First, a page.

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Non-conviction Orders for Drink Driving

Everyone would like a non-conviction order when they come to court for their drink-driving matter.

The widely known and desired “Section 10” in NSW, or “Section 17” in the ACT, used to be easier to obtain, but tightening legislation and tougher sentencing practice in response to hardening community attitudes over recent years have meant non-conviction orders are becoming rarer beasts.

That is especially so if you come to court as a “second and subsequent” (NSW) or “repeat” (ACT) offender.

What chance would you have if you were before court on your fourth drink-drive?

Buckley’s, right?

Not necessarily.

One recent defendant in the ACT was surprised when he walked from court with just such a result.

Every case must turn on its own facts and circumstances, and this gentleman had some unique factors in his favour, including a very short actual journey and a reading not too far into the mid-range (or Level 3).

On the other side were his three previous matters (in 1975, 1987 and 1995), all of which had resulted in convictions.

His counsel did not immediately submit directly for a Section 17, suggesting only that fine and disqualification were adequate punishment (remembering that the Court could impose up to six months’ imprisonment).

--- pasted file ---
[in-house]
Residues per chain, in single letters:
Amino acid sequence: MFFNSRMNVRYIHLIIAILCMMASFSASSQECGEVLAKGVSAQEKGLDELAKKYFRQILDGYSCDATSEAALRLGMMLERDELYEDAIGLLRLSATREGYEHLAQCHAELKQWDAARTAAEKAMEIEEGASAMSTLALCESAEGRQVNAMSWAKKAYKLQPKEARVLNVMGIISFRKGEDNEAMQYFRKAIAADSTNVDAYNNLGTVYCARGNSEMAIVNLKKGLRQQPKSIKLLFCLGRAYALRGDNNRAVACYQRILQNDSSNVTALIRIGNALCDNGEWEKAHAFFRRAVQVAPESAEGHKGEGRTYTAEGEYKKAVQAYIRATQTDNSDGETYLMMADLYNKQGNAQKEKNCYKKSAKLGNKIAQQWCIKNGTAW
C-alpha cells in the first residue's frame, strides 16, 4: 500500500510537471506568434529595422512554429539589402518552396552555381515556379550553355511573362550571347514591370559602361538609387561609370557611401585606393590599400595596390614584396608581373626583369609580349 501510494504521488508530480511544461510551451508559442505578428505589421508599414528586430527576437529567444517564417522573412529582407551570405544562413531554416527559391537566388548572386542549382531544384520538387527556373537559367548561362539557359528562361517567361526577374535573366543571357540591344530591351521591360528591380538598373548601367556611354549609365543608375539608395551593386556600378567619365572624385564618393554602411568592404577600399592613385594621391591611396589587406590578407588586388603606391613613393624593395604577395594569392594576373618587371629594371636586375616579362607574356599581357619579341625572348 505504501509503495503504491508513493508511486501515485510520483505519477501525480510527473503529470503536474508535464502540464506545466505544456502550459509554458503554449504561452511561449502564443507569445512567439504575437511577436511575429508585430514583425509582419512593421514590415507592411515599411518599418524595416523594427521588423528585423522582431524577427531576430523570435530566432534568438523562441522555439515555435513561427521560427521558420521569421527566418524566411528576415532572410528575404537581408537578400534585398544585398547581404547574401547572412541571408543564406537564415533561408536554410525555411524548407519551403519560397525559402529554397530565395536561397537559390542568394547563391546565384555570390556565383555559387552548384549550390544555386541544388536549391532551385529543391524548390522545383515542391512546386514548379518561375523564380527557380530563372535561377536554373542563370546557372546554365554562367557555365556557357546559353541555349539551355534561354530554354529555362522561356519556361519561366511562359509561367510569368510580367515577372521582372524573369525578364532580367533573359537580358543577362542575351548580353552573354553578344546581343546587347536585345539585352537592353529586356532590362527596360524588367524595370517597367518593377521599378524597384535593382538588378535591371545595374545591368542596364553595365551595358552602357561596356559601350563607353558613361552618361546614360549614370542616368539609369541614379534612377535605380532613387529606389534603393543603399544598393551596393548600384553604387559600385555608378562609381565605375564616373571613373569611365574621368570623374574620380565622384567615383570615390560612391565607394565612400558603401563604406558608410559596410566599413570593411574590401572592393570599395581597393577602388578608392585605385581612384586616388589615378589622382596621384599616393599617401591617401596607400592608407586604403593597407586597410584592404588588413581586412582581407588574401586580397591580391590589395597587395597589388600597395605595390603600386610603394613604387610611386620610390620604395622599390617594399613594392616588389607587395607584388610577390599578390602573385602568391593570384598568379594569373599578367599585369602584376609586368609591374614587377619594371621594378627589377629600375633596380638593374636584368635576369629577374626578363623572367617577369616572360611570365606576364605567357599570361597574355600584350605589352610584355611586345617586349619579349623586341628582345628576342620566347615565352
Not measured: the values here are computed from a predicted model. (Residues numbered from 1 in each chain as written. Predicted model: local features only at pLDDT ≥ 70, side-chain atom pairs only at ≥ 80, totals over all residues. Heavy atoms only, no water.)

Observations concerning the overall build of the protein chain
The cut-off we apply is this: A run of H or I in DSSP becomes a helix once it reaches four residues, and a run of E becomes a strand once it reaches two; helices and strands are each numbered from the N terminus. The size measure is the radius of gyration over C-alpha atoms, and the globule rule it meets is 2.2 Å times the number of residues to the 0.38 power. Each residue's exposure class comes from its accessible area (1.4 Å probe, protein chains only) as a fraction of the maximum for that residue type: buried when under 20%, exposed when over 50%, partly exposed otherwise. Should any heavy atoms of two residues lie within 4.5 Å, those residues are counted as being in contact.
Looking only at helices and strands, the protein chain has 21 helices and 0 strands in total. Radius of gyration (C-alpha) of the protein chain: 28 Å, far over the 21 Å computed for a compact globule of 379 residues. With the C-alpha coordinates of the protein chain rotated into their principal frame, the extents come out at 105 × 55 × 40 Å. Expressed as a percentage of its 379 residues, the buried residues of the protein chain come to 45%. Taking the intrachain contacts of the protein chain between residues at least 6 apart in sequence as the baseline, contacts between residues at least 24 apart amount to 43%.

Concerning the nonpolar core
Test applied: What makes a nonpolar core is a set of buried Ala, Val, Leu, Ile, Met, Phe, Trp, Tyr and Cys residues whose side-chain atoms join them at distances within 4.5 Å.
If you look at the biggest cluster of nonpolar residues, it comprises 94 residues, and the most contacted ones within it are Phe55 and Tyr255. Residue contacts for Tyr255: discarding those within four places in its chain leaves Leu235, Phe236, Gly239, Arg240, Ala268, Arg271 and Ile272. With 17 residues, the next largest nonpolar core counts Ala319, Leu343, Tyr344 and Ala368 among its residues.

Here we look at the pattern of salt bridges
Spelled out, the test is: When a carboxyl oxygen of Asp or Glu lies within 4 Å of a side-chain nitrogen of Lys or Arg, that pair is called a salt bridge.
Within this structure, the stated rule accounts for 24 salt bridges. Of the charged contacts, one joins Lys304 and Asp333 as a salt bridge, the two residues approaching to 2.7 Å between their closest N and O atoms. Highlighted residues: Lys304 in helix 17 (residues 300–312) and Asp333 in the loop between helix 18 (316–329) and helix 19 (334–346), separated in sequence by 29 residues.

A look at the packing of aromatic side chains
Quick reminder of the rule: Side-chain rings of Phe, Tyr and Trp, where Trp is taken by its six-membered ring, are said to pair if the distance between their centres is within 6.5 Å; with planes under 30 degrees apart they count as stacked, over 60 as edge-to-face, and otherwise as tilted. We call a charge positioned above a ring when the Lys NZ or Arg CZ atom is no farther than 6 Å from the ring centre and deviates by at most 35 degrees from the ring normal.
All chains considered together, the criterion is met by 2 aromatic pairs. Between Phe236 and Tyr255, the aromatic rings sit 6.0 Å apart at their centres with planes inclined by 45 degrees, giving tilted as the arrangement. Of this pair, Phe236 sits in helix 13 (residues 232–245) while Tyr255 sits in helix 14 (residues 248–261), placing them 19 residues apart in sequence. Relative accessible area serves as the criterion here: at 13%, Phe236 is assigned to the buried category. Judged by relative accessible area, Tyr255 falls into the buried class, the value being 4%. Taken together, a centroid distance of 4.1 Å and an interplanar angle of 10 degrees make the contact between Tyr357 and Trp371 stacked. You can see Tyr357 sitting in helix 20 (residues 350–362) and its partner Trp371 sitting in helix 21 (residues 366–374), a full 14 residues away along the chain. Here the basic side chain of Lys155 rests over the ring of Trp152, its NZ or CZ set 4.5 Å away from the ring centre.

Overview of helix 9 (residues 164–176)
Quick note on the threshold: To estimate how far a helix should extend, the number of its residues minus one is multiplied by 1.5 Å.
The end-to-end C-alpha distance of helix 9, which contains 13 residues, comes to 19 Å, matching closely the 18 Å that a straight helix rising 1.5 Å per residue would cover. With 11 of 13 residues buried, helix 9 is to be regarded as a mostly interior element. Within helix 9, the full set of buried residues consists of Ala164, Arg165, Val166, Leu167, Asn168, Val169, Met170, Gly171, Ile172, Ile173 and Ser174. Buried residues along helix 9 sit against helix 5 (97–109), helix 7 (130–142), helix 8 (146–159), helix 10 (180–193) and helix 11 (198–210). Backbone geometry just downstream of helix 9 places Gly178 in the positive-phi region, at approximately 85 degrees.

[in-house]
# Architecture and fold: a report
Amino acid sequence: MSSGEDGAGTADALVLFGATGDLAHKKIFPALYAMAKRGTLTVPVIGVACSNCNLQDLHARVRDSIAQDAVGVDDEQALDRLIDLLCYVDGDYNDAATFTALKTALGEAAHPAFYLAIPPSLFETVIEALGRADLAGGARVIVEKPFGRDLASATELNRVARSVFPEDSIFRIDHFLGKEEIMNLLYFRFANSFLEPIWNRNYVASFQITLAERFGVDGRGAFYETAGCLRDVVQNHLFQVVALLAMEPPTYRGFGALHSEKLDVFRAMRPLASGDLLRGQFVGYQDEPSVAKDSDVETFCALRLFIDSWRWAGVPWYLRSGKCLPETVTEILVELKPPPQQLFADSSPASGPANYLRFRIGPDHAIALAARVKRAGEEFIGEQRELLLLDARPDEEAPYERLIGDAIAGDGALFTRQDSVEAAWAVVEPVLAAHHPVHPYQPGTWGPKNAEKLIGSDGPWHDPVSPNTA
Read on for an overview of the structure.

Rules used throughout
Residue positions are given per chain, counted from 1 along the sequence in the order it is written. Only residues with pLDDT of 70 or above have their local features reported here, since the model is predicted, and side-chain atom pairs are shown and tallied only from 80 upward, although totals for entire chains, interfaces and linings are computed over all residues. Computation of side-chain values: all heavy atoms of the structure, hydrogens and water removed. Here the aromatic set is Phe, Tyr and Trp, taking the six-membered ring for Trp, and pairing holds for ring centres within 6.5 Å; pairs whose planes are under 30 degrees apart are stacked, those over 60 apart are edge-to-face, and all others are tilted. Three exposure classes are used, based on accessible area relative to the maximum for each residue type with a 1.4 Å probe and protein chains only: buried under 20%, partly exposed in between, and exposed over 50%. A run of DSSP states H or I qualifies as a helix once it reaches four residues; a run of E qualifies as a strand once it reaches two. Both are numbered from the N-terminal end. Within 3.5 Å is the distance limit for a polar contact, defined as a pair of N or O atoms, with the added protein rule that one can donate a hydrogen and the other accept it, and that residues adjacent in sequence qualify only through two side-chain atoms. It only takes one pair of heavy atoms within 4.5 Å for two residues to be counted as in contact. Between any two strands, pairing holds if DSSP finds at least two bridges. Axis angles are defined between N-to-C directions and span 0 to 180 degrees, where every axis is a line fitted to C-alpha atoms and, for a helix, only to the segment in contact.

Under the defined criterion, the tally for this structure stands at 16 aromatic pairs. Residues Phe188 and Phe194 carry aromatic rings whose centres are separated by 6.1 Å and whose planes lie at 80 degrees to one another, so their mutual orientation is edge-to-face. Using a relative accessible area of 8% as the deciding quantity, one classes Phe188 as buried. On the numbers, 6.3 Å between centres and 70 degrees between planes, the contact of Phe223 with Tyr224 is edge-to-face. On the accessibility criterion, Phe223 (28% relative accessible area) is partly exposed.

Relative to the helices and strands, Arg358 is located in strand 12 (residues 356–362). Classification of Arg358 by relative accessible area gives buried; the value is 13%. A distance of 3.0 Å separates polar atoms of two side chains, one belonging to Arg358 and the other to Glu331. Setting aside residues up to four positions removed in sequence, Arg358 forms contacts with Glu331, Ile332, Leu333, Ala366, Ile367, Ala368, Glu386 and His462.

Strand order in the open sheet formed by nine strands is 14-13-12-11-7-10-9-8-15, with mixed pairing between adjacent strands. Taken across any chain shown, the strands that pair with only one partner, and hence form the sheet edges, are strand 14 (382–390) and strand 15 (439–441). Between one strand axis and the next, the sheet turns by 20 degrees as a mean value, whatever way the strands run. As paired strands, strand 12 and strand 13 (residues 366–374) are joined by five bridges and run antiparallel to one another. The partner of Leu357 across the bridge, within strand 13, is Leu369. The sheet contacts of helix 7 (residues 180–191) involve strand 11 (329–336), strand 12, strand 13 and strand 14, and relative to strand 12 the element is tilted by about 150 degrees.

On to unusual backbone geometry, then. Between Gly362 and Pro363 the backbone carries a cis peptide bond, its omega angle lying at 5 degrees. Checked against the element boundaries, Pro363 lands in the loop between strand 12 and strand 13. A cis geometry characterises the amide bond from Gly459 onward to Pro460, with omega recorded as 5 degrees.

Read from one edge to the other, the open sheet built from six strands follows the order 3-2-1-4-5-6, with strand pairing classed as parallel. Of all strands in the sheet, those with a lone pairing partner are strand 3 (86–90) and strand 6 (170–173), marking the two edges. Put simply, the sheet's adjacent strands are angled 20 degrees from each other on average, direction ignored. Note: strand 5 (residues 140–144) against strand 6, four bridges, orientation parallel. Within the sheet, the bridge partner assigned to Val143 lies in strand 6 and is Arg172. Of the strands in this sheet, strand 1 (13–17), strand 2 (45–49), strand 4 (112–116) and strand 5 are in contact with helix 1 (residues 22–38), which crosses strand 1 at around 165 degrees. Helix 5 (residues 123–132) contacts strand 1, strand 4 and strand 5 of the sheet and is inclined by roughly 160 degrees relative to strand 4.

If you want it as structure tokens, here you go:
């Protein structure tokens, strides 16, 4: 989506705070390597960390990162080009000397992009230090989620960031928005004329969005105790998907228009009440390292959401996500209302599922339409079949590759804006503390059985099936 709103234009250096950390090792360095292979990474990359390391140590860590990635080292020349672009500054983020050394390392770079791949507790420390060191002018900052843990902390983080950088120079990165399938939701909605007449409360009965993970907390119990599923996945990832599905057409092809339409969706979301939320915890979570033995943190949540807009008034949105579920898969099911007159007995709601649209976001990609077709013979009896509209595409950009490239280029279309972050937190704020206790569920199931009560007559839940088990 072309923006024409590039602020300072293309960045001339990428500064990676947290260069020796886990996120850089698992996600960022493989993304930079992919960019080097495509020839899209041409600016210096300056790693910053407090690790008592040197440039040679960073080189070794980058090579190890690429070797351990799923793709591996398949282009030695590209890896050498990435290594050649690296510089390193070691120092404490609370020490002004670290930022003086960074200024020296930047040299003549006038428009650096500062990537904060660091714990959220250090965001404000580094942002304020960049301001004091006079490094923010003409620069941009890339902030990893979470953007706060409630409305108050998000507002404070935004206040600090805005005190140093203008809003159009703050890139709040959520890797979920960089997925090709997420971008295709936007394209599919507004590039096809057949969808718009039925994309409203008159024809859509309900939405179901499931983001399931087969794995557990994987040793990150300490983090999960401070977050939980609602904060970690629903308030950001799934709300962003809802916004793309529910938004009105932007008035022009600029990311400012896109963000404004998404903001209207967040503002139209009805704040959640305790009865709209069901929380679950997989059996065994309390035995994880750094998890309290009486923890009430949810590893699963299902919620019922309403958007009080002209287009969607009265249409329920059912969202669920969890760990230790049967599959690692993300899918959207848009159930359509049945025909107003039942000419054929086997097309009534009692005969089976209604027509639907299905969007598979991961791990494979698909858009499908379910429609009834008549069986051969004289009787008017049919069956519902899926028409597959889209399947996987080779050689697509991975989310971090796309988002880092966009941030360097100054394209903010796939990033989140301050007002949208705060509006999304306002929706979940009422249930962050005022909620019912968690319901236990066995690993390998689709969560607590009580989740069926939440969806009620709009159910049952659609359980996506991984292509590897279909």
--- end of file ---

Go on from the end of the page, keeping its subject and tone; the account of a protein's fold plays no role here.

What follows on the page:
But, finally, the lawyer did ask the magistrate to compare this 62-year-old defendant with a hypothetical 40-year-old who might have had the same 23 offence-free years (obviously of course, without the three previous court appearances). That hypothetical defendant, it was submitted, would be a more likely candidate for a non-conviction order.

The Magistrate agreed, and also took on board a raft of thoroughly prepared references, a carefully crafted letter of remorse from the defendant, a certificate showing completion of a relevant supervised course on the effects of drink-driving, and a map of the scene to explain some peculiarities of the defendant’s apprehension.

The comprehensive preparation, and understated style of submission, ultimately won the Court’s approval.

The defendant was placed on a Good Behaviour Order for 18 months, but walked from Court with his licence intact and no criminal conviction.

If you are going to court, it pays to be represented by a criminal-law specialist. The team at Armstrong Legal Canberra deal only in criminal and traffic matters, know the magistrates and judges they appear before, and are ready to provide assistance, tailored to your unique case, just lIke they did in the matter above.

Image Credit – Maksim Marchanka ©

Written by Andrew Fraser on August 15, 2018

Andrew represents clients in the ACT Supreme and Magistrates Courts as well as the NSW Local and District Courts of the Canberra region. He appears also before the ACT Civil and Administrative Tribunal in licensing, mental-health and other matters. His breadth of experience allows him to tailor his advice and submissions to ensure the best possible results for his clients. View Andrew's profile

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